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Director: Josh Safdie, Benny Safdie
Stars: Adam Sandler, Lakeith Stanfield, Julia Fox, Kevin Garnett, Idina Menzel, Eric Bogosian, Judd Hirsch, Keith Williams Richards, Mike Francesa, Jonathan Aranbayev, Noa Fisher, Abel Tesfaye
Uncut Gems releasing (widely, at least) during the holidays actually makes perfect sense. It's hard to immediately recall the last time prestige critical acclaim and a true-blue crowd-pleaser lined up this congruously. Here's a movie helmed by film media darlings, on a totally original, IP-less script (although I would totally watch a Howard Ratner versus Connie Nikas team-up in the Safdie Cinematic Universe) that would nonetheless have a high success rate among all varying members of the family for the post-dinner watch.
I saw it for the first time almost three months ago. It was one of the most visceral movie-watching experiences I'd had in a long time, an experience that's stayed with me thus far. As the movie spreads, I'm hearing reports of similar viewing interactions. A crowd of people shooting out of their seats during a pivotal tipoff. Outcries during the ending. Uncut Gems might not even be as consistently intense as the Safdie brothers' previous rollercoaster Good Time—there are more moments to breathe at least, before the cart goes full tilt in the final 30 minutes—but nevertheless, it's a shot of pure adrenaline to the heart, served with a side of substance.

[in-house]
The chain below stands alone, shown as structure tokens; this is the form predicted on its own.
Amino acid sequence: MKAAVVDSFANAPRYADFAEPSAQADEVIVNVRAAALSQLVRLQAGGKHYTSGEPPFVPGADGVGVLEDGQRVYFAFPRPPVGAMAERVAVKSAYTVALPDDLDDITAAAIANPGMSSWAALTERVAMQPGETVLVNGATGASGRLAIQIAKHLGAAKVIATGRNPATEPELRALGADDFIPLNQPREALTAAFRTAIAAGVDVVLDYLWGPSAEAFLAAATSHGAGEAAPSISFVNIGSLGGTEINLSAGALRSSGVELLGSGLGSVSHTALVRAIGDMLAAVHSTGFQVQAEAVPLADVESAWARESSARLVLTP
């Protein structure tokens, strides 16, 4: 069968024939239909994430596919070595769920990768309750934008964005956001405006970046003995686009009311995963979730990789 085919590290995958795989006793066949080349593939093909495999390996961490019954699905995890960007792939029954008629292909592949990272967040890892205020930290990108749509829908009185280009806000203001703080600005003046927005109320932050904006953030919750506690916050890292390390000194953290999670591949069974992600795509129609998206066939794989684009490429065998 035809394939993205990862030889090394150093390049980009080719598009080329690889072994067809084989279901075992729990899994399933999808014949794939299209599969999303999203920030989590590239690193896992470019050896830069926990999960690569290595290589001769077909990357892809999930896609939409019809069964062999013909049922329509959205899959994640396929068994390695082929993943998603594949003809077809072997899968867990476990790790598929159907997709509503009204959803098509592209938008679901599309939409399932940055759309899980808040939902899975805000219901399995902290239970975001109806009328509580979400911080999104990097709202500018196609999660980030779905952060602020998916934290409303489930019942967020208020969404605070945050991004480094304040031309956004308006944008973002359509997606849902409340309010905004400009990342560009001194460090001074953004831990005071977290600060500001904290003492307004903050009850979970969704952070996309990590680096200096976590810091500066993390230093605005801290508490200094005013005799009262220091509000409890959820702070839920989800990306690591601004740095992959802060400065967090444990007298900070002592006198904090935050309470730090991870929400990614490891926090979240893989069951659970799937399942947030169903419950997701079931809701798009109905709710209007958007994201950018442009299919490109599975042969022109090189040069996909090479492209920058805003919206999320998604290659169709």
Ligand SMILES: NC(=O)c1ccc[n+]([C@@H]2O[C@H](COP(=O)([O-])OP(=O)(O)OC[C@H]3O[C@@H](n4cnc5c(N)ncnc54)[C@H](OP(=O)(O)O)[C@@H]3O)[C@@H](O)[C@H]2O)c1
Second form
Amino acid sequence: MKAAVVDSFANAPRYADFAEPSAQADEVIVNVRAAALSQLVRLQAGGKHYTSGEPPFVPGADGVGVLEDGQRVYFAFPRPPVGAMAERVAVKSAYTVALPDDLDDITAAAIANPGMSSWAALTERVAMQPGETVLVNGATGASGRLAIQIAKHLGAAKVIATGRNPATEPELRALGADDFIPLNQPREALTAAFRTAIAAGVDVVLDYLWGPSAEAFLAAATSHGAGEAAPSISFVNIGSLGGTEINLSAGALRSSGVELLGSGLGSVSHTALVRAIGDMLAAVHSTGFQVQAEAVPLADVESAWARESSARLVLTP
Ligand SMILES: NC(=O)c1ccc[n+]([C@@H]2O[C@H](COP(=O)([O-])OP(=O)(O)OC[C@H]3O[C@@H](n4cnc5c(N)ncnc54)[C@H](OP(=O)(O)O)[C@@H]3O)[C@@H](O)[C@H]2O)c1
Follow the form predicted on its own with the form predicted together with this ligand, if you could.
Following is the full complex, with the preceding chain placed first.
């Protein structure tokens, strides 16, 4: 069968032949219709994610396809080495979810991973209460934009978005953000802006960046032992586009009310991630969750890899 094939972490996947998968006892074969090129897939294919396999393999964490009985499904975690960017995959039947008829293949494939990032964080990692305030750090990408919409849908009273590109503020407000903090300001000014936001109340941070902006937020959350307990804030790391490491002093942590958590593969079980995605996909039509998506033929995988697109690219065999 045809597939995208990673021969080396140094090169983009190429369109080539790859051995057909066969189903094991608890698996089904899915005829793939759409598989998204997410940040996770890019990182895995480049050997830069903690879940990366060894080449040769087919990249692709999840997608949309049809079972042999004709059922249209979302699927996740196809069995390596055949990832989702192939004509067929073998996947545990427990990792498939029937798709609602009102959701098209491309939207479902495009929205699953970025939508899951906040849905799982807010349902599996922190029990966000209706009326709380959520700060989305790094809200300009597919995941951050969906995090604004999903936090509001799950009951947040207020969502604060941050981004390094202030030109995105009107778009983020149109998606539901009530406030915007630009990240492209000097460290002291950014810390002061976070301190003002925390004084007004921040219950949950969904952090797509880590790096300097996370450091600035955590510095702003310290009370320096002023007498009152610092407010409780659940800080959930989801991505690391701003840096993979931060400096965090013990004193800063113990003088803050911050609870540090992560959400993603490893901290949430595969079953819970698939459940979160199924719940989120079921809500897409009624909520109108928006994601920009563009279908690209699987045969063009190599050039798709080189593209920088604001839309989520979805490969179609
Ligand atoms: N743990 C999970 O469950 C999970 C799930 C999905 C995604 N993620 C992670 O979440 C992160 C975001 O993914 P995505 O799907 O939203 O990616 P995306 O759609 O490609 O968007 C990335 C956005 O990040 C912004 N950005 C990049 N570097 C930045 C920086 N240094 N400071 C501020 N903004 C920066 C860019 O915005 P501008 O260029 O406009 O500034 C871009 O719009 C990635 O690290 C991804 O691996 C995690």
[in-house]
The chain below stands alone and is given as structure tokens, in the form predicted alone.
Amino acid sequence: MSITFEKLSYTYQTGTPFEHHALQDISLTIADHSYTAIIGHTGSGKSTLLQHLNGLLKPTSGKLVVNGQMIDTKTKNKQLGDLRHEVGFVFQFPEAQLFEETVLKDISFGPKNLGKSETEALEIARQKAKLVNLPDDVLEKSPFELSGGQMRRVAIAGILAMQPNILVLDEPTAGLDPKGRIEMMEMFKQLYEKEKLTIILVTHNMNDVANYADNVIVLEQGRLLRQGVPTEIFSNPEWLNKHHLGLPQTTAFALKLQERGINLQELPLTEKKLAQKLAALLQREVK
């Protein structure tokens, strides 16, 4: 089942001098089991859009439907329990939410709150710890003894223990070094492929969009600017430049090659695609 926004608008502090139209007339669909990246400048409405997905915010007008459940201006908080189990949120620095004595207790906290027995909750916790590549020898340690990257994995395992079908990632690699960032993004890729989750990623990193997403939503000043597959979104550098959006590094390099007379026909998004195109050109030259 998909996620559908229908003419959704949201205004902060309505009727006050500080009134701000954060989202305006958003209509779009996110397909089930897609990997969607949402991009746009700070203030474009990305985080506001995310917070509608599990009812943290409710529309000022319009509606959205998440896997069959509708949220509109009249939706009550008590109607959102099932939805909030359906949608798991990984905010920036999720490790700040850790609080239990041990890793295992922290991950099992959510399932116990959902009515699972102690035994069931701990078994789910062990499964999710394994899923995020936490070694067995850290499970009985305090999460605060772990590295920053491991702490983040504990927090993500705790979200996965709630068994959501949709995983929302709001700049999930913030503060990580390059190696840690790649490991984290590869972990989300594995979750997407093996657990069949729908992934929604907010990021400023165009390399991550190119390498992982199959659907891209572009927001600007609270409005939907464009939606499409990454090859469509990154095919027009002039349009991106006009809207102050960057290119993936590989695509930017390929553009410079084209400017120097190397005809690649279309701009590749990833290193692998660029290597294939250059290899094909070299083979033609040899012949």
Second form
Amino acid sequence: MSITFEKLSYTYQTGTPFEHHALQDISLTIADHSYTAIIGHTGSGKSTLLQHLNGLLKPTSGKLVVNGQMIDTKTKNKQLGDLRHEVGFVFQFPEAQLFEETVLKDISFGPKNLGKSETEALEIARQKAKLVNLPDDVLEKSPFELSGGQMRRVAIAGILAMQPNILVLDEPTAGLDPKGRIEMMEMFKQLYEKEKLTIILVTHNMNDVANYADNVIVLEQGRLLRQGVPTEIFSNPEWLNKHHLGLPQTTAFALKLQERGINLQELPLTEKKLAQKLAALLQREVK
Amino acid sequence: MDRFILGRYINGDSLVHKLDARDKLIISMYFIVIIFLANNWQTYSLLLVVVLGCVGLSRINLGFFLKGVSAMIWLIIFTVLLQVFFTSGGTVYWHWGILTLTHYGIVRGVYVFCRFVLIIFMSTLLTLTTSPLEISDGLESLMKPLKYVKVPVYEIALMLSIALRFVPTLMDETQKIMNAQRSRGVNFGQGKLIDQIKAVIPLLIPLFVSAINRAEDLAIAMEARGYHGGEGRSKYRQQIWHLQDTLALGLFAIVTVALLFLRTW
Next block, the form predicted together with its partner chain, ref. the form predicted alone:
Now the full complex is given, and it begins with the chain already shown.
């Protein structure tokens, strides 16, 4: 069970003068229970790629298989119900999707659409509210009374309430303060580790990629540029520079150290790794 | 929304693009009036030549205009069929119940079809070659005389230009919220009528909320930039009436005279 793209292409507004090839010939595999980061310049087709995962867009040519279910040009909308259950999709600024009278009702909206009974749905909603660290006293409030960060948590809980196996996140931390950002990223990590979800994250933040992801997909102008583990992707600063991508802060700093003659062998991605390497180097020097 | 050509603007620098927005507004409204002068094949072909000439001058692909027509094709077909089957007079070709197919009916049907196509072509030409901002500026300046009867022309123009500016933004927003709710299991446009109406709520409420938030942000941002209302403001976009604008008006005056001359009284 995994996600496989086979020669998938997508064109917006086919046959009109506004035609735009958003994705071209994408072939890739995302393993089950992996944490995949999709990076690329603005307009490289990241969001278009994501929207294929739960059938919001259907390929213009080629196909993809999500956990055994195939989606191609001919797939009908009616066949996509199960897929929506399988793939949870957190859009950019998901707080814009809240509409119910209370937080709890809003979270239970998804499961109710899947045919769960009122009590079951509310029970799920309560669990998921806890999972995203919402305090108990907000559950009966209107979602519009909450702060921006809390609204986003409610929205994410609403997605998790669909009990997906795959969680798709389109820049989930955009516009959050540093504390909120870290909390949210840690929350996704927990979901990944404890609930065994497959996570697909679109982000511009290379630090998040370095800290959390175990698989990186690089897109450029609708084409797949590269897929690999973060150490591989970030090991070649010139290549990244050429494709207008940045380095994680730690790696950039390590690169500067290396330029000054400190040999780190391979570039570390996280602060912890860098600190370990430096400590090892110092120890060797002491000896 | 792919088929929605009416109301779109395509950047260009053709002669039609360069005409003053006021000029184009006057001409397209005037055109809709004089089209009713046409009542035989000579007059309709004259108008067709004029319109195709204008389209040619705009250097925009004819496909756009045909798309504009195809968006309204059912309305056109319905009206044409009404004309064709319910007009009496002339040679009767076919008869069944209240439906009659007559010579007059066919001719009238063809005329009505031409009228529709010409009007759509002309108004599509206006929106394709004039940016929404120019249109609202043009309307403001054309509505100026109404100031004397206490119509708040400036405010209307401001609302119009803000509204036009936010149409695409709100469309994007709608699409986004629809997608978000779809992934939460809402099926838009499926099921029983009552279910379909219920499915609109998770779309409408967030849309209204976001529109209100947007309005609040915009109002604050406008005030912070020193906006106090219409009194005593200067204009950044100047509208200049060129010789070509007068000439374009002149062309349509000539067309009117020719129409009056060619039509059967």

This movie couldn't work without Sandler, whom the brothers pluck from the rolling hills of Netflix Mount Olmypus and cast down into an uber-specific circle of hell: Manhattan's Diamond District. But pitch-perfect casting is just one piece of a puzzle that goes into creating a new, all-time character. The movie works because of how deeply realized Sandler's Howard Ratner is on all levels of production, from Sandler and his castmates analyzing his every decision, to costume, to the brothers' deep reverence of him to a point they deem calling him an "antihero" as derisive. And it's that emotional investment, that perfect mix of sleaze, charm, empathy, pity, and even a little admiration that leaves the film lodged in your brain long after the fact and begging for a rewatch.
If Good Time was the critically acclaimed major-label debut, Gems is the mainstream-aspiring double-down aiming straight at Album of the Year. Whether it'll get that far is unclear, and also beside the point. What it does, unequivocally, is confirm the Safdies as auteurs who are here to stay, with a loyal and equally audacious creative group behind them. A handful of veteran directors put out some of their best work in 2019. The Safdies are the future. They represent the future Scorsese wants, which is probably why he produced Gems, even as he pens NYT op-eds bracing for a cinematic dystopia. Betting on the new class to keep the art alive against all odds? That's how we all win. —Frazier Tharpe